I next slip into my ceremonial gown. All Prospects are given one at the beginning of training. It is expected that you still fit into it five years later. I have always been fairly small and rarely lose or gain too much weight, so I would be fine. I’d heard horror stories of Prospects, unable to wear their gowns or robes, being forced to not only miss the ceremony, but moving on all together. I dread to think what happens to them after. Dread. There it is again. The very words brings my very own version back to my consciousness, front and centre.

I have not the stomach for breakfast or make-up, so I leave the house with neither. I know it will not matter anyway. I call out to mother as I leave, as I always do. She does not utter a reply, simply sits in her chair and stares out the open window across the green expanse of Whitefield, as she always does. I can count on one hand the amount of times she has left that chair since father passed. I can count on one finger the amount of times she has spoken. Soon, none of it will matter.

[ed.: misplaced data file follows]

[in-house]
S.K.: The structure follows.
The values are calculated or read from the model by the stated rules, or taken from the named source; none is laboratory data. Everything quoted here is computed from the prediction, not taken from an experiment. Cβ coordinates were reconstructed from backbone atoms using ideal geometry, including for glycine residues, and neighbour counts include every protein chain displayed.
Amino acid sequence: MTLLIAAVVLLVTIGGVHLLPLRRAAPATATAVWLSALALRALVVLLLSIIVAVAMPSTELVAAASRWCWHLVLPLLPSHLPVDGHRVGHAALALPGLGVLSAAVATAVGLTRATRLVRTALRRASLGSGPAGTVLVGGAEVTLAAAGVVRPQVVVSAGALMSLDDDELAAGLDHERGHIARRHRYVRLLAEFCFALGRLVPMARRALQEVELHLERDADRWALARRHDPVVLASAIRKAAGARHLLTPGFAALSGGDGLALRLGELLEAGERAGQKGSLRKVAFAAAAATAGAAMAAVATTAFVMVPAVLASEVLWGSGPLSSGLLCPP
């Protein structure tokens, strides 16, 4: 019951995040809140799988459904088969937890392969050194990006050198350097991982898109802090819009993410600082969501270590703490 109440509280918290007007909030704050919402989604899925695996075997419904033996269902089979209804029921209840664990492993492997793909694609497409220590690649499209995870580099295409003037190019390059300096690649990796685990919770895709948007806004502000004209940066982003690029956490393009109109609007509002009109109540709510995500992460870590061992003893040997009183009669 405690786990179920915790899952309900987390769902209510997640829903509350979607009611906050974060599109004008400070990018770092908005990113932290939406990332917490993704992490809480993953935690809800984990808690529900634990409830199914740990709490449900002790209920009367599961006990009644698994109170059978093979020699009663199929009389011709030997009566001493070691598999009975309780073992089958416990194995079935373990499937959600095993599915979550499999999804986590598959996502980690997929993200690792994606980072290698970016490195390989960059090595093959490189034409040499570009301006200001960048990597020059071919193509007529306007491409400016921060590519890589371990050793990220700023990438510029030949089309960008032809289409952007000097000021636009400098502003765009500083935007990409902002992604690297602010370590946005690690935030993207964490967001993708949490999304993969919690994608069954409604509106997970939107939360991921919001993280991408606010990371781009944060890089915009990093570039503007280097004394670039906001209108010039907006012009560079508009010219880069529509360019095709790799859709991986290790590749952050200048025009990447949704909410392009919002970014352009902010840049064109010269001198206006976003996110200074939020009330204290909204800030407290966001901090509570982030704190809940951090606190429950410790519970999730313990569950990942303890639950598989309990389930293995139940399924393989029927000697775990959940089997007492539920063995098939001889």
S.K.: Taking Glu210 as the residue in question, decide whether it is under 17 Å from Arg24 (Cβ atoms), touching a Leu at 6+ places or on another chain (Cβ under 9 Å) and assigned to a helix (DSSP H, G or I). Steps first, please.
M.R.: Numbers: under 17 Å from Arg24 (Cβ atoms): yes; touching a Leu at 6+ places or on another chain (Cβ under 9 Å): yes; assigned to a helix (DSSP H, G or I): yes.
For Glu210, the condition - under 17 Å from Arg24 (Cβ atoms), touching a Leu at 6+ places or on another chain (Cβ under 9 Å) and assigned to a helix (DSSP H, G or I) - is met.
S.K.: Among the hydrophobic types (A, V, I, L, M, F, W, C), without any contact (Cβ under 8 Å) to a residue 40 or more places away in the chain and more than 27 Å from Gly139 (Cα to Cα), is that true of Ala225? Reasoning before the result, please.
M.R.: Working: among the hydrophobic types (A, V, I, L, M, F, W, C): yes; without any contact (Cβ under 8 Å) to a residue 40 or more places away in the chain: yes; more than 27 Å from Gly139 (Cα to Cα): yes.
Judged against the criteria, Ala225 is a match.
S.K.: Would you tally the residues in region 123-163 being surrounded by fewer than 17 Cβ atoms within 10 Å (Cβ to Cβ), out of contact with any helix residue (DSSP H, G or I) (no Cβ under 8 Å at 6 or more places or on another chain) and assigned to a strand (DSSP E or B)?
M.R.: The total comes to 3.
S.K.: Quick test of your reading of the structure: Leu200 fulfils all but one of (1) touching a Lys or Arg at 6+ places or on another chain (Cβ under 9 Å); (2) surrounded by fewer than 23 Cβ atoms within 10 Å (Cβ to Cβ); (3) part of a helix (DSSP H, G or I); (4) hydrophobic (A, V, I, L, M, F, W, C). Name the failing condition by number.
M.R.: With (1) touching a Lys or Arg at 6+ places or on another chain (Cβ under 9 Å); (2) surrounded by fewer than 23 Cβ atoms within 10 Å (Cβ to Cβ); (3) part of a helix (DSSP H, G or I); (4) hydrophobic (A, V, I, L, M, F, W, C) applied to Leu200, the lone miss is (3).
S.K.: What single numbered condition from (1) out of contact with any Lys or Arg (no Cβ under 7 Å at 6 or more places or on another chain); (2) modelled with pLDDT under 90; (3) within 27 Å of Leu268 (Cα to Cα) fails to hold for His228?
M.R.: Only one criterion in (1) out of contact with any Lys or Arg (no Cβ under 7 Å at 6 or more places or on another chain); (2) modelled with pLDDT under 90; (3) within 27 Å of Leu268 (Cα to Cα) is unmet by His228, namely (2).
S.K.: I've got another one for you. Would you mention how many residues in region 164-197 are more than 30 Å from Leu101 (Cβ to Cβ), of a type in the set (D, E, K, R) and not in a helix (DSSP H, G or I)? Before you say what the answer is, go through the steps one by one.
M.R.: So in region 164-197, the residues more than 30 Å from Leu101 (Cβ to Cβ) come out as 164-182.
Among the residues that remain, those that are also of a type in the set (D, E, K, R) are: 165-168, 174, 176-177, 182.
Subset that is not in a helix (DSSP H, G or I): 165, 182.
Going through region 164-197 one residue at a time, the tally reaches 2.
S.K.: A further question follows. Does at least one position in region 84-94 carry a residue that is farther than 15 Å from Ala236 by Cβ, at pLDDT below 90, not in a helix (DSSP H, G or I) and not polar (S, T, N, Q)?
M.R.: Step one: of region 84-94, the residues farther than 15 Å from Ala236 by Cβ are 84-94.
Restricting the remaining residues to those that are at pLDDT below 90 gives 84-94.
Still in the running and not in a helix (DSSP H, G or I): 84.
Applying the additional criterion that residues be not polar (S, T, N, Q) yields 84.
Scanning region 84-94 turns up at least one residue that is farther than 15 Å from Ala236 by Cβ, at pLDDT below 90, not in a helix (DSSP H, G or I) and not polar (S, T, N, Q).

The walk to the auditorium is long and uneventful. My favourite kind. Numerous other Prospects pass me in the street, on the field. Some say nothing, some say things. I speak to no one and no one speaks to me. Peaceful. Bliss. The auditorium comes into view; the ceremonial music is already playing. Dread. It’s back. I’ll shortly be stood in Greta Hall with hundreds of other prospects. I’ll shortly after that be stood at the front of Greta Hall receiving news of my pass or of my fail. Good news brings your power and passage on. Bad news does not. I guess it’s a nervous time for any prospect, not only me. But the looks on their faces, their happy, joyous faces tells me otherwise. In a few hours time it will all be over.